Last year I had the privilege of working as a Jumpstart Corps Member in a preschool that served low-income families, where almost all of the students were African American or Latina/o. I miss those kids every day, and what is even more painful is knowing that many of these smart, lovable children are going to attend under-resourced schools, where they are less likely to have access to advanced courses and are more likely to be subject to excessive discipline practices. That kind of unequal access to meaningful educational opportunities isn’t fair, and it’s a huge civil rights issue.
This afternoon I’m headed to the Lincoln Memorial for the 50th Anniversary celebration of the March on Washington. Today’s event is both a commemoration and call to action. Thousands are gathering to remember the 1963 March and to outline the remaining civil rights agenda. Read more »
Monday morning I had the honor of observing the oral arguments for Vance v. Ball State at the United States Supreme Court. At issue in the case was how courts should define “supervisor” for the purposes of Title VII of the 1964 Civil Rights Act, which prohibits employment discrimination, including sexual harassment. This definition is important because it determines when an employer—in this case, Ball State University—will automatically be held liable for harassment perpetrated by an employee.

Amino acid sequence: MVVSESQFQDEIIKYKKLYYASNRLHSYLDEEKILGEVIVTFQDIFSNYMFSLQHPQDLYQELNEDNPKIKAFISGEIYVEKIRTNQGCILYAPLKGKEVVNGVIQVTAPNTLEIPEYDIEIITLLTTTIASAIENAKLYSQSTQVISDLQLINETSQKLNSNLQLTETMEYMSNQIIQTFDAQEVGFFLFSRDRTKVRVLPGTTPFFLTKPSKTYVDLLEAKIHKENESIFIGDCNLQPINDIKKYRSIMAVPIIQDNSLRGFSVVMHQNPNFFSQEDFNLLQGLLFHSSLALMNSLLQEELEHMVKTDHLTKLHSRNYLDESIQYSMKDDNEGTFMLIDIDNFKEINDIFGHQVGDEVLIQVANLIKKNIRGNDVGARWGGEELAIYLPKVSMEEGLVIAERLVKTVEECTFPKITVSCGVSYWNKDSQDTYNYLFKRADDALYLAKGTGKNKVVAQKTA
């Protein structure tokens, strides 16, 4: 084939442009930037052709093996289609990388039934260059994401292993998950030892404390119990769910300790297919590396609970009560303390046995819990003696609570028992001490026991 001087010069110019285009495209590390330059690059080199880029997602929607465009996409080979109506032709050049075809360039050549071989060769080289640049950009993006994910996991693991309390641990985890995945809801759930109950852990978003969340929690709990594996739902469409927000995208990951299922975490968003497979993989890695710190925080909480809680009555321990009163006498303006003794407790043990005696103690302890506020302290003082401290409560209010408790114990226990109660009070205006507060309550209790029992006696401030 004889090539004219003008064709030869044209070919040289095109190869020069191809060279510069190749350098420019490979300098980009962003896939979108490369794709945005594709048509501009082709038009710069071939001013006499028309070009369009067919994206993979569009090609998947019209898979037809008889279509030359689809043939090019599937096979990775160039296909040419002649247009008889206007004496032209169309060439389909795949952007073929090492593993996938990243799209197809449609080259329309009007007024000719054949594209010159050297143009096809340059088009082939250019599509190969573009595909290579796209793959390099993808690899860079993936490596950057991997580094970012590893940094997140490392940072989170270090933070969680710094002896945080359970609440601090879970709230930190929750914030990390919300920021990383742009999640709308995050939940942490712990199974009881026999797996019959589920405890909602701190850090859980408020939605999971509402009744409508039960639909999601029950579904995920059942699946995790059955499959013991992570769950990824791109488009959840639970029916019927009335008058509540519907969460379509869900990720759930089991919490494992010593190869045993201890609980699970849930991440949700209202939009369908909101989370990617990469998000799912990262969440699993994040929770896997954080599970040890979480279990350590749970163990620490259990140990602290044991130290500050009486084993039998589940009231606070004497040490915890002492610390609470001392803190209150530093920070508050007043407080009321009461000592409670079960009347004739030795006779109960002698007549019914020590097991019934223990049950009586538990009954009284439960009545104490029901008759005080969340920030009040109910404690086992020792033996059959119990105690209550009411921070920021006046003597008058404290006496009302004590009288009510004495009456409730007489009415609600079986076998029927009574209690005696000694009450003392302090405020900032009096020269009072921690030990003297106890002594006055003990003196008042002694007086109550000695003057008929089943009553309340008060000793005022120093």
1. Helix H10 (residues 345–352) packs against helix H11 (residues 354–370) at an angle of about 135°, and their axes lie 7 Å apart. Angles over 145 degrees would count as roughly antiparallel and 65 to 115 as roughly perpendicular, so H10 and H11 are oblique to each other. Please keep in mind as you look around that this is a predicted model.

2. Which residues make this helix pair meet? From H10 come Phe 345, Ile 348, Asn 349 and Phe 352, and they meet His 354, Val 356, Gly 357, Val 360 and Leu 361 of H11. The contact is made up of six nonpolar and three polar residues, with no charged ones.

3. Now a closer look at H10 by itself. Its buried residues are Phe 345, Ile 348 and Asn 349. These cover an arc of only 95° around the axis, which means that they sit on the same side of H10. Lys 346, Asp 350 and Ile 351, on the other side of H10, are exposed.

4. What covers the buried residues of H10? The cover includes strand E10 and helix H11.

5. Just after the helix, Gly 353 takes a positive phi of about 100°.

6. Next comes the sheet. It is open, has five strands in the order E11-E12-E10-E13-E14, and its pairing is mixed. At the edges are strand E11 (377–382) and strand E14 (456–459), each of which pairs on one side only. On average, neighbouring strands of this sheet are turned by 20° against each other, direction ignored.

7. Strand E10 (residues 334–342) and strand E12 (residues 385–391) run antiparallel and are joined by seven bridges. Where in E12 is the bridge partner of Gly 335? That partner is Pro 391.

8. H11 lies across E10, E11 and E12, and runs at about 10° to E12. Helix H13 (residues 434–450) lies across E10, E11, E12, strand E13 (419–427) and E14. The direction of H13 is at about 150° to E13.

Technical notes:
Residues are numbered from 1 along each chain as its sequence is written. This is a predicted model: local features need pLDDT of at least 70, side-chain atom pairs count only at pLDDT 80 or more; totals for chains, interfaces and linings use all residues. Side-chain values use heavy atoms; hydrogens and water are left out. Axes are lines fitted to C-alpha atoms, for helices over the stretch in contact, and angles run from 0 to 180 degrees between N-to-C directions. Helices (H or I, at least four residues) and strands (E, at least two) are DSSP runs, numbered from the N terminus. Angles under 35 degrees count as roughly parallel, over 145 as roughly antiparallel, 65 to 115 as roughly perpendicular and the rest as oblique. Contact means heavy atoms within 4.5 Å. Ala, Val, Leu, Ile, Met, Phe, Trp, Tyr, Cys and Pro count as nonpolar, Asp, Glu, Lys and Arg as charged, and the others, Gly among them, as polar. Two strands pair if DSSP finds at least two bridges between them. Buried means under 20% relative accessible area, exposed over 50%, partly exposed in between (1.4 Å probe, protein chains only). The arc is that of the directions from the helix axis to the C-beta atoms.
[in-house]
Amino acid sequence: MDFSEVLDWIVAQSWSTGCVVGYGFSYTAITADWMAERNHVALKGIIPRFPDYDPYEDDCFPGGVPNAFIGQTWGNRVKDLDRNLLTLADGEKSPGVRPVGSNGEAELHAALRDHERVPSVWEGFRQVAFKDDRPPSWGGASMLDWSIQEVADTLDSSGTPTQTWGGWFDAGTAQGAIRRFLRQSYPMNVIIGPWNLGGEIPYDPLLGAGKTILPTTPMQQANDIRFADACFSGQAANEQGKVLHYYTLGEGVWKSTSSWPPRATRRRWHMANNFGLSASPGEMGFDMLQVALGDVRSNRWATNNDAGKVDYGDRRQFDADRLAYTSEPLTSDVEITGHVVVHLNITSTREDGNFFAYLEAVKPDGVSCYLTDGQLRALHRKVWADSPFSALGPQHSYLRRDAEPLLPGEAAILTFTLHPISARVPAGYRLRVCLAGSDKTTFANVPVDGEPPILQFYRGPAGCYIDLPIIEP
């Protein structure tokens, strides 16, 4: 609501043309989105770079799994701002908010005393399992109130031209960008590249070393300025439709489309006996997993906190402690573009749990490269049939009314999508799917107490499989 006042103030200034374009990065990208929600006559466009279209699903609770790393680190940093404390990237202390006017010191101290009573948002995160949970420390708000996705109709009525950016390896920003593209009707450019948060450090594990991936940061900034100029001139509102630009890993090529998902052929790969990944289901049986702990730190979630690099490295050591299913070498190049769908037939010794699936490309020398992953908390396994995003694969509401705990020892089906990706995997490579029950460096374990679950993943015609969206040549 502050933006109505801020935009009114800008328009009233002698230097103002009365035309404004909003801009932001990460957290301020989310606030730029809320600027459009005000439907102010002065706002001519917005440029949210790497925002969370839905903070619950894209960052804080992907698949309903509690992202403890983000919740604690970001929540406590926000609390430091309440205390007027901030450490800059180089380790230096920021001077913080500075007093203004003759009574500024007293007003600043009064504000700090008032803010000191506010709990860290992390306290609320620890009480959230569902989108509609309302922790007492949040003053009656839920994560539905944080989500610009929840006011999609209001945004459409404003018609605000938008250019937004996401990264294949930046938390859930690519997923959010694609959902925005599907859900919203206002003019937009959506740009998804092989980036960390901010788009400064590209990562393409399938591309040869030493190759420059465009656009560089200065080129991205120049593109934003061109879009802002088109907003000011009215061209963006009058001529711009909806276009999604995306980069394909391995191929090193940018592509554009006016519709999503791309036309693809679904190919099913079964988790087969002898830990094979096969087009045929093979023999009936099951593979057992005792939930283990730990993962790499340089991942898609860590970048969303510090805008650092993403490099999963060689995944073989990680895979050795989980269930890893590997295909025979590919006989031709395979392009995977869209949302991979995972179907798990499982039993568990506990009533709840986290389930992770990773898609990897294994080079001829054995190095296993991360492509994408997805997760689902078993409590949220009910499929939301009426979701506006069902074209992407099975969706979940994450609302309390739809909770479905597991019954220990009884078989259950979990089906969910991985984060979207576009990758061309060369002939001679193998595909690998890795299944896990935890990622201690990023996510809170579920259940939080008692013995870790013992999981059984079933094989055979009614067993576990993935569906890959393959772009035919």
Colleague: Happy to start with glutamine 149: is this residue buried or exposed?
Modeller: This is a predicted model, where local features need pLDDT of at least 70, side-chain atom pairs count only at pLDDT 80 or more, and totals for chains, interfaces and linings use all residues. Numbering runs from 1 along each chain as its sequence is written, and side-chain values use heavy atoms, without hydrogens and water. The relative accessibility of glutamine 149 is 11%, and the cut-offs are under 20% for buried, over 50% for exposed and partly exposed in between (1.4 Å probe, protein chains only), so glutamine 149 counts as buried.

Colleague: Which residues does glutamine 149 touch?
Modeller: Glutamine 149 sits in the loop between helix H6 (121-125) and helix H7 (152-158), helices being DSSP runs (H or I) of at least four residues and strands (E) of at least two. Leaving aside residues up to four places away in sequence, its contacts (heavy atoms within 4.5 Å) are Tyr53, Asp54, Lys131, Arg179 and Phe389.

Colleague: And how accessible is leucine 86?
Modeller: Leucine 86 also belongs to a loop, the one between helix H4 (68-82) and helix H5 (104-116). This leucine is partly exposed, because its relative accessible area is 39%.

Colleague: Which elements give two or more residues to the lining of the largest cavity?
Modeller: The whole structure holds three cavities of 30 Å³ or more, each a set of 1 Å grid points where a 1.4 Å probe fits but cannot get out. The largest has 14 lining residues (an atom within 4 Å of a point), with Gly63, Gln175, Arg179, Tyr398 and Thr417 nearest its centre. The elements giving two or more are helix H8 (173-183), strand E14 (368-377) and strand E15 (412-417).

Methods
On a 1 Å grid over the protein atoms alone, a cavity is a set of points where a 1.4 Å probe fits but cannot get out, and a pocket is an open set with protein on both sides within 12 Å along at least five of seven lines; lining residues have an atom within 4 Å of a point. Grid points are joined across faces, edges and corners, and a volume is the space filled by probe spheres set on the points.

The plaintiff in the case is Ms. Vance, a catering assistant at Ball State University, who was the only African-American employee in her division. She alleged that she was threatened and called racially-motivated names by her immediate supervisors, and she suffered greatly because of it. However, Ms. Vance lost her case against the university when the Seventh Circuit Court of Appeals ruled that for the purposes of Title VII, supervisors only include those people who can hire and fire employees. The individuals who harassed her did not have this authority, though they did oversee her day-to-day work. This decision reflects a continuing split among Circuit Courts, as other courts have held that supervisors should also include day-to-day supervisors. Read more »
MANuFACTuring statistic #1: In 2011 manufacturing employment increased for the first time in more than a decade, with annual average employment rising by 205,000 jobs. Unfortunately, women did not share in these gains. In fact, between 2010 and 2011 men’s annual average employment in manufacturing increased by 230,000 jobs while women’s dropped by 25,000 jobs. This divergence was a change from the trend during the recession, when the declines in manufacturing employment were borne proportionately by women and men.